GA: I had people come in and create an exquisite corpse, in groups, and then stage those. I wanted to see them working together. I don’t really remember exactly what I did. I mean, I do remember exquisite corpse pieces coming out of that night. And some theater games. I remember offering a lot of parts to people, some people going, “no.” So when we started rehearsals I would just preach the Neo-Futurist gospel and talk about that a lot, and then give assignments. People would bring in pieces, but I’d written about two thirds of the show. But other people were devising pieces and we’d rehearse almost every night, up to opening, and then keep rehearsing every night, and writing manifestos. I would start the show with a Manifesto on stage, to the audience, which was very angry at the time. I would just improvise a manifesto in the moment. It was usually about getting out of your seats and taking charge of your life and rebelling against being a voyeur. Things like that, change the world. Kind of hard to imagine now.
[I believe in this idea of changing the world, if only in small nudges. The Neo-Futurists may not cause world peace in a country or even in a neighborhood, but it is an influential force on many individuals, perhaps causing them to open their eyes to new ways of learning and understanding those whom are different and/or similar to themselves. These small changes are difficult to measure or quantify. I have no doubt that this show has changed the lives of hundreds, if not thousands. Just keep reading these interviews and you will witness ensemble members altering each others paths and slowly but surely affecting attitudes that will ultimately help to shape the world.]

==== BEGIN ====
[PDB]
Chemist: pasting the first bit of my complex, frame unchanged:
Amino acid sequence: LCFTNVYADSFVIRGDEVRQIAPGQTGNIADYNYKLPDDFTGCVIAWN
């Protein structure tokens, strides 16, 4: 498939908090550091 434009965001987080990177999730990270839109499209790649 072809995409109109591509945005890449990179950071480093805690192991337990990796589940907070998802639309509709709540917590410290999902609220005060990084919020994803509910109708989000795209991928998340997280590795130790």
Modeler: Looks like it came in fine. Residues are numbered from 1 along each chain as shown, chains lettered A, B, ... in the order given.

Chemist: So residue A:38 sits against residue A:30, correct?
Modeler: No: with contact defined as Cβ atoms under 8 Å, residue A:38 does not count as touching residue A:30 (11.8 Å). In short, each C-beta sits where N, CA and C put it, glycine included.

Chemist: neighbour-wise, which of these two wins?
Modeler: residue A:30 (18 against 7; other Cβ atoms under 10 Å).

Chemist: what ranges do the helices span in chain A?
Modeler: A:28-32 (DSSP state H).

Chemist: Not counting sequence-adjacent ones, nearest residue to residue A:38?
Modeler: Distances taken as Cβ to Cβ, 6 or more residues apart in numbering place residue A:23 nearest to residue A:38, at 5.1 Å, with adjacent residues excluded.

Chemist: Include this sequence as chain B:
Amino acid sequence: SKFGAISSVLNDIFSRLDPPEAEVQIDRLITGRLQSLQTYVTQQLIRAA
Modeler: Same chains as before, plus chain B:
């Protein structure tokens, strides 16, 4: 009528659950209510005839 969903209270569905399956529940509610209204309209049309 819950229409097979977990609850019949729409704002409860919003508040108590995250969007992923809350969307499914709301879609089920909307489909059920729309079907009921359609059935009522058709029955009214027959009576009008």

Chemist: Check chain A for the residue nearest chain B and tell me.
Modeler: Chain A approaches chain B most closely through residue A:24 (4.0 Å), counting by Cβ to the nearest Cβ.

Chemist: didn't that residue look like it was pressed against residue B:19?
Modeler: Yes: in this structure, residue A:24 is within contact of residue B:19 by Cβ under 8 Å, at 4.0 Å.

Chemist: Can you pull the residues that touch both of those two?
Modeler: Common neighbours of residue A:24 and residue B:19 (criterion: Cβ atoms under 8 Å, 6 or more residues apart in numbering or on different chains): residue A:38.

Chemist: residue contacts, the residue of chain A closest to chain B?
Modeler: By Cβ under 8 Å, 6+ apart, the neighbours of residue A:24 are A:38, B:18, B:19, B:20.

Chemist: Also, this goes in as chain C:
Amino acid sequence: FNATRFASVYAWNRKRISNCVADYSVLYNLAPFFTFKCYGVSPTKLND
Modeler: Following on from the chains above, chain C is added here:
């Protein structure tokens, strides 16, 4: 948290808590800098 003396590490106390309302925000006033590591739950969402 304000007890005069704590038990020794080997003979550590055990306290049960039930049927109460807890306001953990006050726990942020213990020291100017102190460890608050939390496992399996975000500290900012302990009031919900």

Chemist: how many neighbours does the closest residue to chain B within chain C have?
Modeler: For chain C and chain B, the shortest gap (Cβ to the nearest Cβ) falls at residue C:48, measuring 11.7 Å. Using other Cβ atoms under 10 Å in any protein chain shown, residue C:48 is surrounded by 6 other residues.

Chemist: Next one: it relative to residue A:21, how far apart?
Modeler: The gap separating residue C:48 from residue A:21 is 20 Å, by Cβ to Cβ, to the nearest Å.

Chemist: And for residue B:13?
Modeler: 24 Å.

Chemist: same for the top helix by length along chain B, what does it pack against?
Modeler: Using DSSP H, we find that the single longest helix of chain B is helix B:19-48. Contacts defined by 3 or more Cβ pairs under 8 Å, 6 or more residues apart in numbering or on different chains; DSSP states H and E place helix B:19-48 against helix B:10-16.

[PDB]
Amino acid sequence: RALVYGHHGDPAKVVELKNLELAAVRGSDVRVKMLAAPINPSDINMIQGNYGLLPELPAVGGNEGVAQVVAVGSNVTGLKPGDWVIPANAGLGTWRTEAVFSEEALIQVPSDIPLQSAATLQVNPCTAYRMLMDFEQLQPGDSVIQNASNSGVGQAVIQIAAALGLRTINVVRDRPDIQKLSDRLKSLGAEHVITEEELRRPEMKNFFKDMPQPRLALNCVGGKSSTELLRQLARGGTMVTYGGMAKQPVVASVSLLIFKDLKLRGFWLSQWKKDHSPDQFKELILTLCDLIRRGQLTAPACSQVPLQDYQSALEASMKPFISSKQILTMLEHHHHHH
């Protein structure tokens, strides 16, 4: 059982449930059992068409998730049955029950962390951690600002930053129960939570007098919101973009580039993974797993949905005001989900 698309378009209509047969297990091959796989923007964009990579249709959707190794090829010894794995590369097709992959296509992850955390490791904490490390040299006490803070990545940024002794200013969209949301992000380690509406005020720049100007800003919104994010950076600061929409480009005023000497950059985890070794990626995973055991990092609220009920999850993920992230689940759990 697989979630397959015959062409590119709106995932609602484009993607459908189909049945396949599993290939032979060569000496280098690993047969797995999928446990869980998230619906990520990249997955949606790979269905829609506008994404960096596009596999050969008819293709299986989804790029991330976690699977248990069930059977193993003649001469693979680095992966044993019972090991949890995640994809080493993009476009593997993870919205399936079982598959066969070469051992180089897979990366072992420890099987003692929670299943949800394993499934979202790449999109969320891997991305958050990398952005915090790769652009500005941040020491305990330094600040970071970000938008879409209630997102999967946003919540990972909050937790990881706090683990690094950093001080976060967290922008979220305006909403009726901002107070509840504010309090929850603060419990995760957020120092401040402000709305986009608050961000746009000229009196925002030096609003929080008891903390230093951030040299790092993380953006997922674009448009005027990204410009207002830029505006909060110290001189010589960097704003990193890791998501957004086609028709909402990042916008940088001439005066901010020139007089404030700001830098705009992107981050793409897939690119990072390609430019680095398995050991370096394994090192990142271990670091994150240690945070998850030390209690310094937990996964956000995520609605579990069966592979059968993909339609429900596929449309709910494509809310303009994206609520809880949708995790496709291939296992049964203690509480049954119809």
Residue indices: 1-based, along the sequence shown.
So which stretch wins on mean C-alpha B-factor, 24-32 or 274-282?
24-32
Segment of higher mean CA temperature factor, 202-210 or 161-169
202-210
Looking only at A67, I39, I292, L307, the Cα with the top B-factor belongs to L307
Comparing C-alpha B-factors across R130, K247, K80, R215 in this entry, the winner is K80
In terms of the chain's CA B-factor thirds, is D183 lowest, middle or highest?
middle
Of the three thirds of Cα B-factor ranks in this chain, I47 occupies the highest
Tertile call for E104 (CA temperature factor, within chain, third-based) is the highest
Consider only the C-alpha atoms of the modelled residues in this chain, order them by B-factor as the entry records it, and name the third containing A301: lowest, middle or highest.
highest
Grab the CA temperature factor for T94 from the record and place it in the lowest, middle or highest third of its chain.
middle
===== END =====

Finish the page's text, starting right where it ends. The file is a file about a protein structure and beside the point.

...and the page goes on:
Greg: We did two weeks before we closed for Christmas. We had an audience of invited friends the first couple weeks, and then... I don’t know, somehow, it just took off. We sold out our first night, in June of ’89. We had our first gig that same week. We went over to Edge of the Lookinglass, which was Lookingglass’ first space, downtown.
JP: When you first opened did you really think you'd be -
GA: Creating a show that would go forever?
JP: Hopefully. What I mean to ask is, most shows have "runs." They have built in expiration dates. Is it correct to say that Too Much Light did not have a set expiration date?